| The UN estimates that 15,000 women were raped in eastern Democratic Republic of Congo last year [AFP]
Thousands of women have marched against sexual violence in eastern Democratic Republic of Congo (DRC), where the miseries of war have been compounded by mass rapes.
About 1,700 women who had attended a week-long forum on peace and development in Bukavu, the capital of South Kivu province, joined in the march on Sunday, which was led by Olive Lembe Kabila, the wife of the president, Joseph Kabila.
The atmosphere of the march was colourful and peaceful, and many demonstrators carried banners with slogans such as "No to sexual terrorism".
"Coming here is important because violence towards women is used systematically as a weapon of war," Miriam Nobre, an organiser of the march with the World March of Women, said.
The UN estimates that 15,000 women were raped in eastern DR Congo last year. Numerous Congolese and overseas rebel groups are active in the region, while government forces are also accused of mistreating civilians.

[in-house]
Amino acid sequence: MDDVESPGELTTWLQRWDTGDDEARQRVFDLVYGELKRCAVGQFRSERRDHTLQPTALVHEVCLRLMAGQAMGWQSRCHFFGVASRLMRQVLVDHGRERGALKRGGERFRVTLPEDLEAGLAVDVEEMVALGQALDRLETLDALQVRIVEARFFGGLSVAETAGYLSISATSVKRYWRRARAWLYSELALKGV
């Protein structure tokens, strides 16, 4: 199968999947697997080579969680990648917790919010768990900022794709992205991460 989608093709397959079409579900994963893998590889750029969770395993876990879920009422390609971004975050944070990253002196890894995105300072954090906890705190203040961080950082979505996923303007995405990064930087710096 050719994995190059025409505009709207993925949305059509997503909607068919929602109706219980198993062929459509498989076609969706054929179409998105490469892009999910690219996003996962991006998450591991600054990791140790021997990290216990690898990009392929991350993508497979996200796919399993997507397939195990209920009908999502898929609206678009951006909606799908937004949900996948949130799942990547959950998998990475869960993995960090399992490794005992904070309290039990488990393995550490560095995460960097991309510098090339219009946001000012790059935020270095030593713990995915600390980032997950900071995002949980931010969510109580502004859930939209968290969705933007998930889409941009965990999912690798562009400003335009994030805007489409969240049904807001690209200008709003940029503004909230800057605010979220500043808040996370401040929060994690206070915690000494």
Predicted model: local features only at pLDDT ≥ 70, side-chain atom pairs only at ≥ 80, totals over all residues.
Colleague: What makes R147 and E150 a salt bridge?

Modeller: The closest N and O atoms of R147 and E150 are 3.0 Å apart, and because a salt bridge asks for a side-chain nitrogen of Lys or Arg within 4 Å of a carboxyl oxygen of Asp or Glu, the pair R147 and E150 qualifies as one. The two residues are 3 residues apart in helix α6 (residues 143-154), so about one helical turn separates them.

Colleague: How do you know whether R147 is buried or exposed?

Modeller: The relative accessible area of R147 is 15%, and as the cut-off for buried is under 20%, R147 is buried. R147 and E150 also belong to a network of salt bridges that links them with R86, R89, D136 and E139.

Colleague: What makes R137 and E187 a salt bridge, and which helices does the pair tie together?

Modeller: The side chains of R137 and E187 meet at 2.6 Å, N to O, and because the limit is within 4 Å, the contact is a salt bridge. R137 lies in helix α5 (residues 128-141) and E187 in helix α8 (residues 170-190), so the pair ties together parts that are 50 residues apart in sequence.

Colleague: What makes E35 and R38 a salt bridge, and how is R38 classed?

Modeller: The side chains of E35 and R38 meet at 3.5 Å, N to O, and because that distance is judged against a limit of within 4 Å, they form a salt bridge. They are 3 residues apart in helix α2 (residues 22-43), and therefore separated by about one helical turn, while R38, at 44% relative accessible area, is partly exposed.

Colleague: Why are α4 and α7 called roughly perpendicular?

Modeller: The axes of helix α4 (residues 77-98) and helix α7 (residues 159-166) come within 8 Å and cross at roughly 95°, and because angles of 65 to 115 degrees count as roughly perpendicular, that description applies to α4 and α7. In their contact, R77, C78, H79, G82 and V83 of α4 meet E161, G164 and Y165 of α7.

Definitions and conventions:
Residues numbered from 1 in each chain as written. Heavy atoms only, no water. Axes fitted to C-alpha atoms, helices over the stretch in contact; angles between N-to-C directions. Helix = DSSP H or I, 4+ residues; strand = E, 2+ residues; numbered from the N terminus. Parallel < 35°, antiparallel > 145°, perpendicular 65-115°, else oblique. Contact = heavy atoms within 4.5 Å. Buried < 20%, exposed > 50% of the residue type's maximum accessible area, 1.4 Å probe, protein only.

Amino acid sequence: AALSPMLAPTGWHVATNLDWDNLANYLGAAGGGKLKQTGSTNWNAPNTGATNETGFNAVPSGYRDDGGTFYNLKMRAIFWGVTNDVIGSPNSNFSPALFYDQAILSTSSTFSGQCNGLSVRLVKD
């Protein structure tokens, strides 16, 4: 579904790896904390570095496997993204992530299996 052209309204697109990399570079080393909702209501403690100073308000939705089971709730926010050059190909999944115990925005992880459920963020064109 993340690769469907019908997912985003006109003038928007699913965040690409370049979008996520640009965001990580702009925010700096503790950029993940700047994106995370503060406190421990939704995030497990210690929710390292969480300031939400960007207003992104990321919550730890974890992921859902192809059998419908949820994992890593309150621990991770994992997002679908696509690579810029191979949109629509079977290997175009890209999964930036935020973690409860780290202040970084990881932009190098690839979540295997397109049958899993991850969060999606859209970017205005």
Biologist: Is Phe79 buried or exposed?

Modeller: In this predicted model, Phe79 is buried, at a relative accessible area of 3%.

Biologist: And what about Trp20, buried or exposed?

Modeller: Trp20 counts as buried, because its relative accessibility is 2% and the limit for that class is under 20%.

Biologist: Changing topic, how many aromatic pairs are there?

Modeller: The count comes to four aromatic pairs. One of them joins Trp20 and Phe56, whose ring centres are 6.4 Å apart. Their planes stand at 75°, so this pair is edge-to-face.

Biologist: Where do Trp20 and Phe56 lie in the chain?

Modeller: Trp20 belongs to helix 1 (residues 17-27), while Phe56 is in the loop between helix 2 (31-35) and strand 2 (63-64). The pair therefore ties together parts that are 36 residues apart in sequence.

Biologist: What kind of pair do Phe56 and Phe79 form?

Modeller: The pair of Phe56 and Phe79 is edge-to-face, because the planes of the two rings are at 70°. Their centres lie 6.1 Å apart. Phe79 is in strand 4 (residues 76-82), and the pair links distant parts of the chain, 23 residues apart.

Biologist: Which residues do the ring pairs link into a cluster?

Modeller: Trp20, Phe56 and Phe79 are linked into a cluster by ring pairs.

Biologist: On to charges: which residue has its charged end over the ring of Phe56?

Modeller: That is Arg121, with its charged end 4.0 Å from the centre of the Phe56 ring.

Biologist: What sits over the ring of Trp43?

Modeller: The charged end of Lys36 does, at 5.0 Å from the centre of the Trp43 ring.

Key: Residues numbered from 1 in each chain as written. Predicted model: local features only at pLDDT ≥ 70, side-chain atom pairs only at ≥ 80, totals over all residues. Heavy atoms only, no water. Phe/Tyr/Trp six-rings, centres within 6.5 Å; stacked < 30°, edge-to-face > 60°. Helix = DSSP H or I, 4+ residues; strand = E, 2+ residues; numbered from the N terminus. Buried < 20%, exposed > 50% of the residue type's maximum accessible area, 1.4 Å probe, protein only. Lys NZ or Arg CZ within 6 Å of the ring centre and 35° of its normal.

"We have fought this for years, and now it seems that the international community is genuinely interested in our problems," Nene Rukunghu, a doctor at a hospital in Bukavu where rape victims are treated, said.
"We must fight against impunity, so that the perpetrators of violence are punished, to allow women can regain their dignity. Despite what they endure, Congolese women are strong and able to stand up again," she said.
According to the UN Population Fund, there were 17,507 sexual violence attacks throughout Congo in 2009 - including more than 9,000 in North and South Kivu, which have been at the centre of the conflict in the east.
The scale of rapes and sexual violence has not diminished much this year, according to the fund, known as UNFPA, which collects data in Congo.
It said there were 7,685 attacks in Congo between January and June, including more than 4,500 in the two Kivu provinces.
Abubakar Dungus, a UNFPA spokesman, said 5,427 of the sexual attacks this year - about 70 per cent - were perpetrated "by men in uniform''. It was unclear if he was referring to soldiers or rebels.
Al Jazeera and agencies